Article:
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Take a look at a selection of our recent media coverage:

Biomarker and MRI-enhanced strategies comparable for prostate cancer screening, study finds

26th April 2024

A biomarker-based strategy is comparable to a magnetic resonance imaging (MRI)-enhanced approach for prostate cancer screening but results in more biopsies and increased detection of less aggressive cancers, a randomised trial has found.

Prostate cancer guidelines often recommended obtaining an MRI before a biopsy, yet MRI access was limited and using blood-based biomarkers with systematic biopsies could provide an alternative approach, Swedish researchers wrote in the journal JAMA Network Open.

In the open-label randomised trial, 12,743 men aged 50 to 74 with no previous cancer diagnosis underwent blood sampling for prostate specific antigen (PSA) levels and Stockholm3 tests to estimate their risk of clinically significant prostate cancer.

After the blood tests, men were randomly assigned in a 2:3 ratio to receive a Stockholm3 test with systematic biopsy (biomarker group) or a PSA test followed by MRI with systematic and targeted biopsy (MRI-enhanced group).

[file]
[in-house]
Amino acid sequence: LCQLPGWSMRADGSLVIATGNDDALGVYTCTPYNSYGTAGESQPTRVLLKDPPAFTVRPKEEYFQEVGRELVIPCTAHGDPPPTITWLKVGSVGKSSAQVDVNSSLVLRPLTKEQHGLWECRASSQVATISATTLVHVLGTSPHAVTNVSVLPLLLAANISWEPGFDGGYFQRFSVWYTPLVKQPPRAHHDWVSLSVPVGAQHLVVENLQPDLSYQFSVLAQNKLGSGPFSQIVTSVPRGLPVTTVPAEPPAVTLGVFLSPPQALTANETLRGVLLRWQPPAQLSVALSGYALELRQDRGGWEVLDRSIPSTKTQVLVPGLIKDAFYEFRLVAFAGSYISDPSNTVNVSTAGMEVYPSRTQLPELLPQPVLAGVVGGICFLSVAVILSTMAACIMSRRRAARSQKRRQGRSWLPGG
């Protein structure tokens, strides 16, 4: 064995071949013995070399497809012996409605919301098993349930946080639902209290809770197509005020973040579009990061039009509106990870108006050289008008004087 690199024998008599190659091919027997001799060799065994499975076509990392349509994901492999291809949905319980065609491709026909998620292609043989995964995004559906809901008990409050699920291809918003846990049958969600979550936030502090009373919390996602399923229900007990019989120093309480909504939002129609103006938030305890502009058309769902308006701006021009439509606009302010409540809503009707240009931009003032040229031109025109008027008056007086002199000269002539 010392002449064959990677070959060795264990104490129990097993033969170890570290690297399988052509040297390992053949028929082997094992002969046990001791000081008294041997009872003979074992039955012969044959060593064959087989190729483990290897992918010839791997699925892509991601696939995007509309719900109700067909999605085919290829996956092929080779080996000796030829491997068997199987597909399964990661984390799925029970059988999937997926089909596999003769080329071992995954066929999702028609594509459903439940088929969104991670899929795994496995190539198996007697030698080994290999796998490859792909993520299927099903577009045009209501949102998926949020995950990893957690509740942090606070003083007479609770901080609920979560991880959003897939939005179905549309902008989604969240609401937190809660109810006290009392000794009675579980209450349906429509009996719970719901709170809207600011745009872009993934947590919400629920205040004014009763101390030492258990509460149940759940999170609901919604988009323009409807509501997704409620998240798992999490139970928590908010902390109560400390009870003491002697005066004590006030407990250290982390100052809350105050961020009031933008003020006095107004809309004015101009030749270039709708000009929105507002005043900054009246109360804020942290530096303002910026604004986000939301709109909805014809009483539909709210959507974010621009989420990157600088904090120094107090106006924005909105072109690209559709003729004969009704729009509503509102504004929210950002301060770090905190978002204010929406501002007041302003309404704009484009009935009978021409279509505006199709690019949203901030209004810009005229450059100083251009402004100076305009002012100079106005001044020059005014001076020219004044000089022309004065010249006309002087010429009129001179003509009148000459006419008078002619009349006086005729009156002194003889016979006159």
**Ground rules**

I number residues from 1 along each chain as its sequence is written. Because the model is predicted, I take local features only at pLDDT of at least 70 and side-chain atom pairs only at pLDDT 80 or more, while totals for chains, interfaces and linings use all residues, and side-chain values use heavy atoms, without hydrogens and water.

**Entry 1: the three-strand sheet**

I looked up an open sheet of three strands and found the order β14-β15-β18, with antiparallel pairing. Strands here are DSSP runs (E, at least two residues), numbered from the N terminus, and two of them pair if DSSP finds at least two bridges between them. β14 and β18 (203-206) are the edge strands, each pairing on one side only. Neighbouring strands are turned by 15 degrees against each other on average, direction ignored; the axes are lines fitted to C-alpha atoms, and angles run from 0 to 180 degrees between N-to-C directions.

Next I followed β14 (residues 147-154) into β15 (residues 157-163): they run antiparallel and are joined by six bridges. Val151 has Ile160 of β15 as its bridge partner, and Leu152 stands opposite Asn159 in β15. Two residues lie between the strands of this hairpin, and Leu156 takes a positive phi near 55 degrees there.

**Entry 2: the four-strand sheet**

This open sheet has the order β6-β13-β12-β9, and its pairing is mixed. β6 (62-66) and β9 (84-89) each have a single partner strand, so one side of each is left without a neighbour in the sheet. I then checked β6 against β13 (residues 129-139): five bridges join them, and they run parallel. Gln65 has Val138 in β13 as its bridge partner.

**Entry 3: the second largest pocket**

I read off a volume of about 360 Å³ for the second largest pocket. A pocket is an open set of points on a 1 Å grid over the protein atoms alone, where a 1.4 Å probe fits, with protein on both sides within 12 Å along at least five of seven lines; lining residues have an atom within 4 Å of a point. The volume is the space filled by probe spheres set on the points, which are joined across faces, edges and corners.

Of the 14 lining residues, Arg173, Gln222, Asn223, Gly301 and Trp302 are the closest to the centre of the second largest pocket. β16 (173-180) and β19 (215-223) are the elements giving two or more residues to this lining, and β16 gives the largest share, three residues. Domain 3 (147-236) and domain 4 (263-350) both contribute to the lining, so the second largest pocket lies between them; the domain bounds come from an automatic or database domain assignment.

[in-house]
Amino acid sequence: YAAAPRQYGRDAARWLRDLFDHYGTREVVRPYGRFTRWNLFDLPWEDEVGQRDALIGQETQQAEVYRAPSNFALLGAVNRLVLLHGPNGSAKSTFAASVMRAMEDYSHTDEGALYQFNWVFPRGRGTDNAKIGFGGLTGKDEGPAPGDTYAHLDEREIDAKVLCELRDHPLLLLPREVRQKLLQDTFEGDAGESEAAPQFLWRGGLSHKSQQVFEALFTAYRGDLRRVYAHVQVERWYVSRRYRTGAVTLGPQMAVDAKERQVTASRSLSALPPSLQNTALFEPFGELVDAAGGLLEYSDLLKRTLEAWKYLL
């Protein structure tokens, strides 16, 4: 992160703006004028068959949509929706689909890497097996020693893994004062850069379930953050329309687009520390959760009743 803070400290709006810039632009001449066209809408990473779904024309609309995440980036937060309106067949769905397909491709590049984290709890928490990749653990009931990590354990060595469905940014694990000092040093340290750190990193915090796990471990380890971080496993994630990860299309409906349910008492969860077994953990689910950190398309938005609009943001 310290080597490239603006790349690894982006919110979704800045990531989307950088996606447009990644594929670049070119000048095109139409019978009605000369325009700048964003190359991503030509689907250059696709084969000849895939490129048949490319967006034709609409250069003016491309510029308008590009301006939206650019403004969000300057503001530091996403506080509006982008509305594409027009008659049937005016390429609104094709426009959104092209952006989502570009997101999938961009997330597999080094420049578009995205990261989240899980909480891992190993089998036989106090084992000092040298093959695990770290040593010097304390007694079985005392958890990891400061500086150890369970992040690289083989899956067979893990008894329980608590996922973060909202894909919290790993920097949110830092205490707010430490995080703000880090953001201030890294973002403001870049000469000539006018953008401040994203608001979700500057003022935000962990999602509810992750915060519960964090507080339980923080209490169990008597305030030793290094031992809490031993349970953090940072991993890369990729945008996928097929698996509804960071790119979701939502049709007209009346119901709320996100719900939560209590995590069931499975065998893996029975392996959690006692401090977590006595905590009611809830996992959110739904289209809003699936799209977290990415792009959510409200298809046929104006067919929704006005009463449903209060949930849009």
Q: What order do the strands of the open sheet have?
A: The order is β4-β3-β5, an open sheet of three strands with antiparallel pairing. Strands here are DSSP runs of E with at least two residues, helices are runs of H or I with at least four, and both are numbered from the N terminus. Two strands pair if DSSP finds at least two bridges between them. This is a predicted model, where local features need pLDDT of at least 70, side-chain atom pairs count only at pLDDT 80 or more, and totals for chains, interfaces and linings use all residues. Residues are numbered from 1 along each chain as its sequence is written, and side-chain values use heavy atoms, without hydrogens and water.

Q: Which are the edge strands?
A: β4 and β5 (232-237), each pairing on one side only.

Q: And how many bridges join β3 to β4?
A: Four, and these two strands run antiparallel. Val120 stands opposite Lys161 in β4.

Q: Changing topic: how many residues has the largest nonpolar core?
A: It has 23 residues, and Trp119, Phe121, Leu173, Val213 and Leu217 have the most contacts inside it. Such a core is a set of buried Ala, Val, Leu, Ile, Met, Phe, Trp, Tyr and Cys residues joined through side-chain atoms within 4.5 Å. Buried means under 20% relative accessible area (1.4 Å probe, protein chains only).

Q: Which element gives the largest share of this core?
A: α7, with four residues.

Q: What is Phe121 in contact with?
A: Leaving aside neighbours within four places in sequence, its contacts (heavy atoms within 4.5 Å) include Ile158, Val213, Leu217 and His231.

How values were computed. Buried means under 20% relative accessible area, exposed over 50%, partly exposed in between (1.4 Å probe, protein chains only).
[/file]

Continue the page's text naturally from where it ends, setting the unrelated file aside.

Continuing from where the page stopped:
The Stockholm3 test, combines patient age, previous prostate biopsy results, family history of prostate cancer, single-nucleotide variations and levels of total PSA, free PSA, human kallikrein 2, β-microseminoprotein and growth differentiation factor 15 to estimate the risk of clinically significant cancer (Gleason score ≥ 3 + 4).

In the biomarker group (5,134 men), 8.0% of participants (413) had a Stockholm3 risk score of 0.15 or higher and underwent systematic biopsies, researchers said.

In the MRI-enhanced group (7,609 men), 12.2% participants (929) had a PSA level of 3ng/mL or higher and were referred for an MRI with biopsies if they had a Prostate Imaging-Reporting and Data System (PI-RADS) score of 3 or higher.

Detection rates of clinically significant prostate cancer were comparable between the two groups: 2.3% in the biomarker group and 2.5% in the MRI-enhanced group.

However, researchers reported more biopsies were performed in the biomarker group than in the MRI-enhanced group (326 of 5,134 [6.3%] vs 338 of 7,609 [4.4%]).

There were also more indolent cancers detected in the biomarker group (61 [1.2%] vs 41 [0.5%]).

Senior author Professor Anna Lantz, associate professor in urology at Karolinska Institute and consultant urologist at Karolinska University Hospital Solna in Stockholm, Sweden, noted that certain areas and healthcare systems lacked the capacity to implement the diagnostic chain required for MRI-based screening and the cost of MRI of the prostate varied by setting.

Given their findings, they concluded the Stockholm3 test could be a feasible alternative in regions with limited access to MRI.

‘Nevertheless, the biomarker-based approach comes at the expense of more biopsy procedures and increased detection of less aggressive cancers,’ Professor Lantz and colleagues said.

Strengths of the study included its randomised design, large-size and population-based screening setting.

Regarding limitations, the authors noted that optimal PSA cut-off values for triggering a Stockholm3 test and guiding biopsy decisions were undetermined.